By Frances Karttunen

Herman Melville writes of Pacific Islanders like Queequeg on the streets of New Bedford during the whaling era. Were there also Pacific Islanders on Nantucket?

A: Yes. Pacific Islanders began joining the crews of Nantucket whaleships almost as soon as the ships entered the Pacific, and some of them accompanied the ships all the way back to Nantucket.
The first whaleships, the Balaena of New Bedford and the Equator of Nantucket, reached Hawaii (then known as the Sandwich Islands) on September 29, 1819. On board they had as an interpreter a Native Hawaiian who had received some schooling in Boston. After taking a sperm whale in Kealakekua Bay on the coast of the Big Island of Hawaii, the two ships moved on to the island of Maui, where the Balaena took on two more Native Hawaiians , whom they called Joe and Jack.
Extraordinary Nantucket Woman:
Susan Austin Veeder, Whaling Voyage Journalist
Susan was the first of the Nantucket whaling women to keep a journal. From September 1848 to March 1853, Susan Austin Veeder (1816–1897) sailed with her husband, Captain Charles A. Veeder, on a whaling voyage aboard the ship Nauticon. The journey took her around Cape Horn to ports in Chile and then to Oahu, Tahiti, and as far north as the Fox Islands in the Arctic.
Digitization & Transcription Update
Of over 400 volumes, comparatively few logs (at last count 11) in our collection were kept by women. These logs can be particularly interesting as they may offer another lens through which to observe seafaring life. As we scan and upload our way through the Ships' Logs collection, we have rediscovered another lady's log that was previously overlooked! 

Log 350, previously titled as the log of the bark Annie Ann, was kept in 1869 by Mrs. John C. Pierce. In an obituary for her husband, Captain John C. Pierce, it was noted his last voyages were aboard a ves sel called the Amie (not Annie) Ann. The obituary also revealed Mrs. Pierce's name as Amie A. S. Pierce—a closer look at the log suggests that the vessel, owned by John W. Pierce, was likely named after the captain's wife!
You can help us transcribe this log and others kept by ladies at sea below.
Historic Nantucket
Click image to open this issue!
Discover more Pacific-themed articles in these issues:

  • Naming the Pacific: Howland Island, New Nantucket, Guano, Amelia Earhart, and the Minerva Smyth,” by Stuart M. Frank, Ph.D. (p. 10)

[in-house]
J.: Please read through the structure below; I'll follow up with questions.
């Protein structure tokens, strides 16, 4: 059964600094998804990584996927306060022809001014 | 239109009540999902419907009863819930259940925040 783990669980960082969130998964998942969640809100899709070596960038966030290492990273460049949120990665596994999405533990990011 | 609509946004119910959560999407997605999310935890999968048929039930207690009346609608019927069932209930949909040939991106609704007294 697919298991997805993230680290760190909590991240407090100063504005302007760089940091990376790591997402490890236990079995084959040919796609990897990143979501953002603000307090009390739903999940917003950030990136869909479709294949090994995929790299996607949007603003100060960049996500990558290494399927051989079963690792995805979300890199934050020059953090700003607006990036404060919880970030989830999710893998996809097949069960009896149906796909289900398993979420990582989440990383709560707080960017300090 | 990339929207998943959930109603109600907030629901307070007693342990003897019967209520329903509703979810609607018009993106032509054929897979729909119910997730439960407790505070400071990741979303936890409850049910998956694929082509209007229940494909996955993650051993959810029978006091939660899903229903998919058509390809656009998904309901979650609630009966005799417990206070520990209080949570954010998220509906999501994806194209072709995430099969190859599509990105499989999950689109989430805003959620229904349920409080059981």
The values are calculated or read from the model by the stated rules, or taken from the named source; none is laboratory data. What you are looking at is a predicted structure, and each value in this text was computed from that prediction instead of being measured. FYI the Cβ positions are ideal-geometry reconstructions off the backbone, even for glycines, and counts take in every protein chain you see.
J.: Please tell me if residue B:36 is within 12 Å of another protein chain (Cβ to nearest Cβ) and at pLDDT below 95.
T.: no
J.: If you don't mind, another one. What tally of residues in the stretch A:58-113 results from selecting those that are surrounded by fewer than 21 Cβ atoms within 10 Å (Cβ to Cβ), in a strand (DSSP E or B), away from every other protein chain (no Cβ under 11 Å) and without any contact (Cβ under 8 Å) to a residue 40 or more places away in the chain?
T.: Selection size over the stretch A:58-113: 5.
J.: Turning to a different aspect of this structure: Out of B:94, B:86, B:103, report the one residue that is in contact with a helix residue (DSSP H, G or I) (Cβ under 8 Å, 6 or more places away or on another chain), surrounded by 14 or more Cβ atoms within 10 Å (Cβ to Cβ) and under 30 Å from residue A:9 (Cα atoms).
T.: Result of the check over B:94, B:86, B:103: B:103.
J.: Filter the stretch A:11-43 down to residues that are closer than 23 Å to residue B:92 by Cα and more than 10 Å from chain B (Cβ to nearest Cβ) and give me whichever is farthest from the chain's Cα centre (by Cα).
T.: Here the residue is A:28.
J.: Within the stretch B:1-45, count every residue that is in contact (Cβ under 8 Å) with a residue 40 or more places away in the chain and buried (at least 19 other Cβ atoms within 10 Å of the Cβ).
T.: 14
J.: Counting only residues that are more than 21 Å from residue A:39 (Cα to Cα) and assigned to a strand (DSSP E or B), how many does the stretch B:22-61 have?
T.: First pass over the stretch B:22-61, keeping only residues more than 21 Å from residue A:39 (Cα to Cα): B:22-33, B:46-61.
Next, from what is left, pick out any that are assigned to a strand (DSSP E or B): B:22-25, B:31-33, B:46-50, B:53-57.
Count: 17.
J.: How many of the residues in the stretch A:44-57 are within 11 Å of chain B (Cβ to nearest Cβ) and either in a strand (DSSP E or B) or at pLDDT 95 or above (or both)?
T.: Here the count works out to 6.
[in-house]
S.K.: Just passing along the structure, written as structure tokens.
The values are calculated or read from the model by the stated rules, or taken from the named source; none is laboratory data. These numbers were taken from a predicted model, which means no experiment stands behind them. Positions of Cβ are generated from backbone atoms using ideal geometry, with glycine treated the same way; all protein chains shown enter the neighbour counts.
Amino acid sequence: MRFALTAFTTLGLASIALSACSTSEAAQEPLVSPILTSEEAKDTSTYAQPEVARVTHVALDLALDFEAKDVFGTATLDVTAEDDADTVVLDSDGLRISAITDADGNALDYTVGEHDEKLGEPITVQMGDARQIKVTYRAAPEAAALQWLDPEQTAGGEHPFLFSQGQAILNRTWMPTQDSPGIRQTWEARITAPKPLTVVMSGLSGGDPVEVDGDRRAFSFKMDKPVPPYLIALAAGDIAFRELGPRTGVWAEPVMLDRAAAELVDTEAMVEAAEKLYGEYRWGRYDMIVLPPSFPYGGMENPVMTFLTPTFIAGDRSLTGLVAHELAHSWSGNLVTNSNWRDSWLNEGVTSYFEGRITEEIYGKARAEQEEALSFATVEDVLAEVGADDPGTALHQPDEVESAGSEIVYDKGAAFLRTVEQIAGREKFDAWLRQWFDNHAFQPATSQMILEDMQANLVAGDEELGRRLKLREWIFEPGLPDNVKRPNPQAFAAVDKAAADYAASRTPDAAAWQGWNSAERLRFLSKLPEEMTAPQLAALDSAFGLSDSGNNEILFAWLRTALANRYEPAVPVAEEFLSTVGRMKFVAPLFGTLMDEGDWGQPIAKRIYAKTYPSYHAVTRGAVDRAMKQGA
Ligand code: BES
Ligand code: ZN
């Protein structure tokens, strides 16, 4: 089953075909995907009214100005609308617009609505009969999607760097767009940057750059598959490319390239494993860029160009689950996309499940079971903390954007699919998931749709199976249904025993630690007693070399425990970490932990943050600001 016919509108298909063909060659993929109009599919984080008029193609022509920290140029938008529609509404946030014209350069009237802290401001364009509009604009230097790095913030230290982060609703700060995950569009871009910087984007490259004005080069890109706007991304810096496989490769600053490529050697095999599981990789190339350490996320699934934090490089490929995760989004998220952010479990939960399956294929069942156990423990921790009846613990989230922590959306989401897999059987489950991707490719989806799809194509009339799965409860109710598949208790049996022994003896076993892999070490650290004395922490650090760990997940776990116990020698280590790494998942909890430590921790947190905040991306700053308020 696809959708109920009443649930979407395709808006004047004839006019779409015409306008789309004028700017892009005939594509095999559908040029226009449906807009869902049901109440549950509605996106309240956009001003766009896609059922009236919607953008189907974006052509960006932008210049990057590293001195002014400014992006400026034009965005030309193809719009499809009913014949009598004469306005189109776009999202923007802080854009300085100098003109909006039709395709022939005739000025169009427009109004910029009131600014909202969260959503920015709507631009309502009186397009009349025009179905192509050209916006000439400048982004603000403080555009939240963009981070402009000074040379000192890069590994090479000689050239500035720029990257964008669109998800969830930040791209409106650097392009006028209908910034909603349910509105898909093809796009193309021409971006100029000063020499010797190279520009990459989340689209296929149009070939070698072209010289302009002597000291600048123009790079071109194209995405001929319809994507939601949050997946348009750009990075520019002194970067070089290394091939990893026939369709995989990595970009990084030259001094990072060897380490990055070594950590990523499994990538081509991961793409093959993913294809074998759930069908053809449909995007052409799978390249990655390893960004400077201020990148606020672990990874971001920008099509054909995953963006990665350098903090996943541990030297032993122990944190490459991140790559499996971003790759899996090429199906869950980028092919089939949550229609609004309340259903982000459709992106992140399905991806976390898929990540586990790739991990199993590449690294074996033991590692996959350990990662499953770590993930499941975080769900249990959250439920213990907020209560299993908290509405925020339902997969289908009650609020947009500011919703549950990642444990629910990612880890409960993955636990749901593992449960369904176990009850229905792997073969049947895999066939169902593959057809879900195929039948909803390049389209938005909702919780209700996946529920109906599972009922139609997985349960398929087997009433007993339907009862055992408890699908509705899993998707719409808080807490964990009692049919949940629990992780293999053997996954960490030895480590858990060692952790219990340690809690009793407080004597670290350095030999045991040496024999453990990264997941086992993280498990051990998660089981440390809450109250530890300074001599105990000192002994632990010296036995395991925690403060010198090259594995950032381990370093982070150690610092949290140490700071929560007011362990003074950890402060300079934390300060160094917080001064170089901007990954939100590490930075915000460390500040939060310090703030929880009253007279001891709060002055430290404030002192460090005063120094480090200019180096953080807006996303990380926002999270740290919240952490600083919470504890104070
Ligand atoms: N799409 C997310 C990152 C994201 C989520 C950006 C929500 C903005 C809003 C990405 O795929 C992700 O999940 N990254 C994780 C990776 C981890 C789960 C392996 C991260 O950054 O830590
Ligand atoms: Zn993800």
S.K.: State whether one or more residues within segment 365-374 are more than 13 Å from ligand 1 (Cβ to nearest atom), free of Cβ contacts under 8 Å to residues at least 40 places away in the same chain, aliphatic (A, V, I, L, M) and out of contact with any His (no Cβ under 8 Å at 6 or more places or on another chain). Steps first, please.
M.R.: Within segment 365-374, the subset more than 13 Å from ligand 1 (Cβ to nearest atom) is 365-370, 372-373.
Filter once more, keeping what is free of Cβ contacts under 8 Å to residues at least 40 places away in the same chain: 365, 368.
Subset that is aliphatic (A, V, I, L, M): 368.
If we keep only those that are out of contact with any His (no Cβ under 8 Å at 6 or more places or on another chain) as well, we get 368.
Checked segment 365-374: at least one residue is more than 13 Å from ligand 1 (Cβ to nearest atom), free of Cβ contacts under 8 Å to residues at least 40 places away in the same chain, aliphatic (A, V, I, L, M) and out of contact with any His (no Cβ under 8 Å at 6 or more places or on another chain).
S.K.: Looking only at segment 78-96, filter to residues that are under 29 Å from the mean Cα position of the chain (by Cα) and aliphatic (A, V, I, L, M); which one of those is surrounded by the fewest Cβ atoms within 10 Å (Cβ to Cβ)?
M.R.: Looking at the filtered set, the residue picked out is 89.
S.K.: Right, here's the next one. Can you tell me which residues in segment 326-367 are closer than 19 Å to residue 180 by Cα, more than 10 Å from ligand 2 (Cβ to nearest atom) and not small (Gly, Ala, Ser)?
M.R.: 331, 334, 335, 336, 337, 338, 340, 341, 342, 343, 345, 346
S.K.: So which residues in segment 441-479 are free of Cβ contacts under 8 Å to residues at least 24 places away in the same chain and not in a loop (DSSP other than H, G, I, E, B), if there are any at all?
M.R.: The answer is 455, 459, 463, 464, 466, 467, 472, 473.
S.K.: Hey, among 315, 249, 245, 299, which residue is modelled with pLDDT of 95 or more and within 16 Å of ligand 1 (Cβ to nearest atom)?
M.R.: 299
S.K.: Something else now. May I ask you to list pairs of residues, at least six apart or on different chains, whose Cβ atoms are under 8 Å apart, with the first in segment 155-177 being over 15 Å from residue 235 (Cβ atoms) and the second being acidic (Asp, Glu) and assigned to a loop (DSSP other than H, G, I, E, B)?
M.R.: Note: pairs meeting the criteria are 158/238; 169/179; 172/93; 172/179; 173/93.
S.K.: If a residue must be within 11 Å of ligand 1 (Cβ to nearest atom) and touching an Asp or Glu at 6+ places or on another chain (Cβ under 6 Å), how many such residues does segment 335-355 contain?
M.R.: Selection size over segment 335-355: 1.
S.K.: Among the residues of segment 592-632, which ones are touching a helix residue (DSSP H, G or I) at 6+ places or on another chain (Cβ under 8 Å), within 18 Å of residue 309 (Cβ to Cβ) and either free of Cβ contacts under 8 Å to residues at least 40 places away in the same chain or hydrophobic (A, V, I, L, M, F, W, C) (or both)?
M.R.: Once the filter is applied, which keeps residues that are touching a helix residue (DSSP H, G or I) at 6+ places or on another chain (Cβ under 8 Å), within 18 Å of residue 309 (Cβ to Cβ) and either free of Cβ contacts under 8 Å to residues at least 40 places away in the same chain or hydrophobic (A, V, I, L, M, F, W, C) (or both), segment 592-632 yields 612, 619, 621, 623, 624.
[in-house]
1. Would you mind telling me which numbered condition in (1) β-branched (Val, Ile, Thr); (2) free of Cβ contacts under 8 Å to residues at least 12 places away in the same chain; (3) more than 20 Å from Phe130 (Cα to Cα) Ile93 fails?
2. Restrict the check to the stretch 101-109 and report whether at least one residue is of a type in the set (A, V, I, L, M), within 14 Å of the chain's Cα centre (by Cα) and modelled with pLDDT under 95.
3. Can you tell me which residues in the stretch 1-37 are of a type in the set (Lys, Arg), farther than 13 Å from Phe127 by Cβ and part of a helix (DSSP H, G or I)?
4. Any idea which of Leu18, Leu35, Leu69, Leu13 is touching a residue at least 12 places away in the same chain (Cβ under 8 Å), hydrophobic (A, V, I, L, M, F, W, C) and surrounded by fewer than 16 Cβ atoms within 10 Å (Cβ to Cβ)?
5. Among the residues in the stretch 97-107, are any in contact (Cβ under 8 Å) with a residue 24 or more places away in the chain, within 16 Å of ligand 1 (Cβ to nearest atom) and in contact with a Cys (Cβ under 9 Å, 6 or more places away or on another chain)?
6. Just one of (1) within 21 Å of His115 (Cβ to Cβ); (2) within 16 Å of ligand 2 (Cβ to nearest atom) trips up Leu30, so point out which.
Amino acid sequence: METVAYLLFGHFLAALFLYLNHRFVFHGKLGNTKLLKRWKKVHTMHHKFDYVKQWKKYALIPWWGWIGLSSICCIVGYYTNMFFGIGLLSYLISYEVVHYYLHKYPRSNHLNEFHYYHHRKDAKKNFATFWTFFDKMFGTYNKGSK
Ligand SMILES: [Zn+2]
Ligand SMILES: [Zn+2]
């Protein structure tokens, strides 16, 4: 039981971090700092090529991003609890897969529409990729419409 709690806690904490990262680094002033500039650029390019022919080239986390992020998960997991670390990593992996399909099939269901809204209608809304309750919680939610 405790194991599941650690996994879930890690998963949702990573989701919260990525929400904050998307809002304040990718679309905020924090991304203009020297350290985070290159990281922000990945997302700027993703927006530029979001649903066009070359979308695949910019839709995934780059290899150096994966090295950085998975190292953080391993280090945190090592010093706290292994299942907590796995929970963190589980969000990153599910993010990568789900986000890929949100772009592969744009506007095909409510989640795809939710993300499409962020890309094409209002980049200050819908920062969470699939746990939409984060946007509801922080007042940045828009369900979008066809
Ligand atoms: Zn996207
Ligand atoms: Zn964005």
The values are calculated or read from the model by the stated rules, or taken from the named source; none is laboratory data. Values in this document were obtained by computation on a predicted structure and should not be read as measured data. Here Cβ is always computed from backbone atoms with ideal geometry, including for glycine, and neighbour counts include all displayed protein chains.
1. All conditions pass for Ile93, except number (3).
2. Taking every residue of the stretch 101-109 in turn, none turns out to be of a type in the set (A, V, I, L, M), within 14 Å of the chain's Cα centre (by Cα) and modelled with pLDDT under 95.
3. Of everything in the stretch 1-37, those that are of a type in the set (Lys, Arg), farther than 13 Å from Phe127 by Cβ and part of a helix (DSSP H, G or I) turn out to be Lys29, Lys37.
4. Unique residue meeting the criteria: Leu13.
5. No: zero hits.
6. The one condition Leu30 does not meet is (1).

• Lost and Found in Papahanaumokuakea Marine Nantucket Monument: The Possible Wreck Site of the Nantucket Whaleship Two Brothers,” by Kelly Gleason, Ph. D. and Jason T. Raupp, Ph. D. Candidate (p. 13)
Activities for Kids

Enhance at-home learning by downloading free and easy to use ACKtivity kits added weekly and lesson plans for all ages.

NEW Journey to the Pacific
ACKtivity Kit added today!
Test your ACK knowledge
Take our online quiz after exploring these items from our collection.
NHA University is a weekly resource featuring videos, history topics, artifacts, transcription projects, and more. Intended to enrich at-home learning for all—coming to your inbox every Tuesday.

Attend NHA University online anytime
to catch up on past lessons, here .
As the summer approaches, we welcome seasonal residents back to the island and look forward to a safe and enjoyable season. A lot of things have changed since the last time you were on Nantucket.

Today, we share an important letter from the Nantucket Cottage Hospital, the Nantucket Island Chamber of Commerce, and the Town of Nantucket: “As you consider a return to the island we wanted to reach out to our seasonal residents with some guidance and best practices to ensure that the summer will be as safe as possible for everyone on Nantucket.”   
During this difficult time, the NHA is pleased to share curated digital content weekly for the enrichment and enjoyment of our members and friends. Staff looks forward to welcoming you back to the Whaling Museum to enjoy an expansive array of exhibitions and programs once it is safe to open our doors.

Due to the CARES Act, donors now receive a higher deduction on their charitable gifts. To learn more, click here . If you would like to support the NHA during this time, consider joining as a member or making a donation today. 
The NHA is closed to the public; this includes the Whaling Museum, Research Library, and Historic Properties.

All NHA public programs and events are cancelled for the foreseeable future.